Greening the Grid: Battery Energy Storage System


Ryan Walker

Our Perspective

The rise of battery energy storage systems (BESS) has been nothing short of transformative in the energy landscape. As our reliance on renewable energy sources like wind and solar power has grown, so too has the need for efficient means of storing excess energy for use when the sun isn’t shining, and the wind isn’t blowing.

Wind Farm


A Paradigm Shift in Energy Management

BESS has emerged as the linchpin in the transition towards a more sustainable energy ecosystem. BESS offers a level of flexibility and control, like nothing else that we have seen before. They are able to store excess energy during periods of low demand and release it at times of peak demand, which effectively can balance the grid and reduce stress on power infrastructure. This allows for the enhancement of grid stability but also paves the way for greater integration of renewable energy sources which are inherently intermittent.

Across the energy landscape, there are many opportunities associated with BESS, not only within energy generation and distribution, but also for commercial and residential use. There are three segments in BESS: front-of-the-meter and behind-the-meter which can be summarised as follows:

Unlocking Renewable Energy’s Full Potential

Renewable energy sources such as wind and solar have made remarkable progress in recent years. However, their inherent variability has posed challenges in consistent power generation and supply. BESS helps to solve this problem, providing a solution to store surplus energy generated during favourable conditions and releasing it when needed. The synergy between renewables and energy storage will enable us to harness the full potential of clean energy sources and reduce our reliance on fossil fuels.

Enhancing Grid Resilience

BESS can play a pivotal role in fortifying energy infrastructure, enabling us to provide backup power during outages, ensuring that critical facilities can remain operational. Moreover, they also enable microgrid development, empowering communities to create localised, self-sustaining energy systems which will be less susceptible to widespread blackouts. This can also pave the way to the decentralisation of our energy supply, transitioning away from highly centralised energy grids run by monopolistic providers. Homeowners can gain energy independence at home and take control of their electricity usage and reduce their reliance on the grid, both saving money and reducing overall strain on the grid.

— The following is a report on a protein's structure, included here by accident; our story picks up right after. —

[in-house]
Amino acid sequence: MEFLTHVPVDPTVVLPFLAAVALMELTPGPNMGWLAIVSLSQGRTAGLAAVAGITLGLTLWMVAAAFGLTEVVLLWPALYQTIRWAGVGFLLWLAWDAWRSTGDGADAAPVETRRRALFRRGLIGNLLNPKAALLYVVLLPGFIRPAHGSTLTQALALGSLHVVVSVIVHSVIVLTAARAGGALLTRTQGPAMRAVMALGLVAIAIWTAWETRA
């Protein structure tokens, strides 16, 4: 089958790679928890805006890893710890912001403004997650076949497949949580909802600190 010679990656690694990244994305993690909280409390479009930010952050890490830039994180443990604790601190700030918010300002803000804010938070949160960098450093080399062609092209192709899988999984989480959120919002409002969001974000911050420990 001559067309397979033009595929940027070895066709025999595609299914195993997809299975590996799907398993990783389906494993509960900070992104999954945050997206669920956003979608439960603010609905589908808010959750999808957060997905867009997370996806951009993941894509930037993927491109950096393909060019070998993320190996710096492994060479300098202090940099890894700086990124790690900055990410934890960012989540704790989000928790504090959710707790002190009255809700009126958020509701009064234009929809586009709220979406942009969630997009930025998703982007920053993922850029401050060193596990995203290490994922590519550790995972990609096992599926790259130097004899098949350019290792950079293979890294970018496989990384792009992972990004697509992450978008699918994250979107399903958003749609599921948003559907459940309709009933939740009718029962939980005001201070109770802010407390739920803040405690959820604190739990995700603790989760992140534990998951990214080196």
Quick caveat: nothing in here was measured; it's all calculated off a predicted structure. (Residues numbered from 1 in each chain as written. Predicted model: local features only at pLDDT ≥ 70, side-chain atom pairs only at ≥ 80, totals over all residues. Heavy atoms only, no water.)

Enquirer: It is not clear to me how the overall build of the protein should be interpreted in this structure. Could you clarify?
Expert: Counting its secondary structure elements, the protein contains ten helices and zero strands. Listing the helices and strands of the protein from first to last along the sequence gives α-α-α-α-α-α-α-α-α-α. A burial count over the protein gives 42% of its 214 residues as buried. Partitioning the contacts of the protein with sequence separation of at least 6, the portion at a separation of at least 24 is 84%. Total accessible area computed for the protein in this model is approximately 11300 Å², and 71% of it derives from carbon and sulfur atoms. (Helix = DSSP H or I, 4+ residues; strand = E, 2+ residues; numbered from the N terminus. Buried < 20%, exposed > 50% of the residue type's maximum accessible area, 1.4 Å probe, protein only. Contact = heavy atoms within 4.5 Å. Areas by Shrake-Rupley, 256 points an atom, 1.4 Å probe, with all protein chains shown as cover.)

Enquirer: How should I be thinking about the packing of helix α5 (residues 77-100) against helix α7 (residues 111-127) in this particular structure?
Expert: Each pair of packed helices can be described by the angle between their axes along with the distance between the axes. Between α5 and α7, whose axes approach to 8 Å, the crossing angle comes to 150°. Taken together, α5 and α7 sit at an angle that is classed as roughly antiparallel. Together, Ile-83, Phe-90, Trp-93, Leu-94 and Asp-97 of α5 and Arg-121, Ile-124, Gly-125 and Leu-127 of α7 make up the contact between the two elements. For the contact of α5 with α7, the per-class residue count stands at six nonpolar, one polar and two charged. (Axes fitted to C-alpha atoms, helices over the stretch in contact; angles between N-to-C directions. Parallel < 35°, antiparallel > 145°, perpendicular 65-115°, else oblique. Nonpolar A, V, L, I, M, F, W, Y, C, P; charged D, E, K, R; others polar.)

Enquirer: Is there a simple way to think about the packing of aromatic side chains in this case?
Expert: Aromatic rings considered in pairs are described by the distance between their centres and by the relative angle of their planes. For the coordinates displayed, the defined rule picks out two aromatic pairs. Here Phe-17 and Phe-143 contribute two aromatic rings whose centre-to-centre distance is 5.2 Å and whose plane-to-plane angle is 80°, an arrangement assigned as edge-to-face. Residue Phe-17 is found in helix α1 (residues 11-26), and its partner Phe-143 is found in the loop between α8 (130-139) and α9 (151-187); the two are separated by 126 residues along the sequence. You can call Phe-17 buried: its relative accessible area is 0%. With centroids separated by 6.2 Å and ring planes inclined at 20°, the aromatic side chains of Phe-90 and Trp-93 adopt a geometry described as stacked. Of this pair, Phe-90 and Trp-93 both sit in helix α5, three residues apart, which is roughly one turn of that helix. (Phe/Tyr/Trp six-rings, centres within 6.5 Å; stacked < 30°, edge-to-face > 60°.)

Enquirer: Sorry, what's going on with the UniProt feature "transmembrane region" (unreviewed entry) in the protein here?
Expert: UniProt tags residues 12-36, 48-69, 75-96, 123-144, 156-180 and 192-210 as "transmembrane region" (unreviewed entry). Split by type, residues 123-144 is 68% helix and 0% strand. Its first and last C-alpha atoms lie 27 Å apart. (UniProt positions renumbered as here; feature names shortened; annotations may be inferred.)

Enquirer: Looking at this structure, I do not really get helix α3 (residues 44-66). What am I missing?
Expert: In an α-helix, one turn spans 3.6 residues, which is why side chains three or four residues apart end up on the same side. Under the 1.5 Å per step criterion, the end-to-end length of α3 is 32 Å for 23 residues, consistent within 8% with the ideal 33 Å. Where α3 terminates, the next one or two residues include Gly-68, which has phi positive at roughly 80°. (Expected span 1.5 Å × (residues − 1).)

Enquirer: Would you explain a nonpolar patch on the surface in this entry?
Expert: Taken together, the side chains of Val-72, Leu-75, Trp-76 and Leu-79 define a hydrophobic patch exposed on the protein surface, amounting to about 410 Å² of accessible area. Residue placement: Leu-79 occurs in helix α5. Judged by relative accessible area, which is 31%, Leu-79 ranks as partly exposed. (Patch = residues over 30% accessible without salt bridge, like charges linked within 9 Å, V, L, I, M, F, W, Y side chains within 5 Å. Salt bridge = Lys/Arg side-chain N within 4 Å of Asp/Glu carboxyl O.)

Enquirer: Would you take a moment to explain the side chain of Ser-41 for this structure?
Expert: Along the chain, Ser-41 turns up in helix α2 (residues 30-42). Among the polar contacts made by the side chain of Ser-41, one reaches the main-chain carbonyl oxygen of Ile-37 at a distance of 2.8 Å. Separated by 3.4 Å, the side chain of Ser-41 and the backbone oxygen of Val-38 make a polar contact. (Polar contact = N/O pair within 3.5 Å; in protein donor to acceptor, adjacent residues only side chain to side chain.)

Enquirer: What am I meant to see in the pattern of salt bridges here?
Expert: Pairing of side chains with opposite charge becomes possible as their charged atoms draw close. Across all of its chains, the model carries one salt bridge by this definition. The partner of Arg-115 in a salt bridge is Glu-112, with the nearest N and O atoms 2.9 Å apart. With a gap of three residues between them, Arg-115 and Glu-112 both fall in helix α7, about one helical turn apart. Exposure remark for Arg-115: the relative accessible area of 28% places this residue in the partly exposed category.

Flattening the Duck Curve

The “Duck Curve” phenomenon has become a significant challenge in the evolving landscape of renewable energy. The curve represents the imbalance between electricity supply and demand that arises due to the increasing adoption of renewable energy. During times of the day when there are favourable conditions, there is an excess of electricity generation. However, as the sun sets and demand surges in the evening, grid operators must quickly ramp up other sources of energy to compensate for the decline in renewable energy generation.

Duck Curve

The figure above illustrates a typical duck curve as we increase the use of renewable energy generation. There is a significant dip in lines over the middle of the day - usually the sunniest time - when solar energy is being generated. As the sun sets and solar generation wanes, the lines take a steep upward curve as there is a sudden peak in demand. At this peak, the system may become unstable. Battery Energy Storage Systems provide the missing puzzle piece in the Duck Curve challenge and has the potential to help flatten this out. The surplus energy generation during the day can “fill the belly” of the duck during the day and the BESS can then release the stored energy back into the grid, meeting the surge in electricity needs during the evening. This can help to smooth out fluctuations in supply and demand, enhancing grid stability and facilitates the integration of more renewable energy sources.

The Path Forward

As BESS continue to evolve, innovations like lithium technology, solid-state batteries and improved materials hold the promise of even greater efficiency and longevity. However, the challenge of recycling battery materials and regulatory framework must be addressed for the widespread adoption of BESS. The widespread adoption of BESSs are increasing, however there is still a long way to go in order to meet our NetZero ambitions of 2050. While battery electricity is not a magic solution that can single-handedly address the myriad of challenges confronting modern power systems, it can substantially enhance the sustainability and resilience of power networks.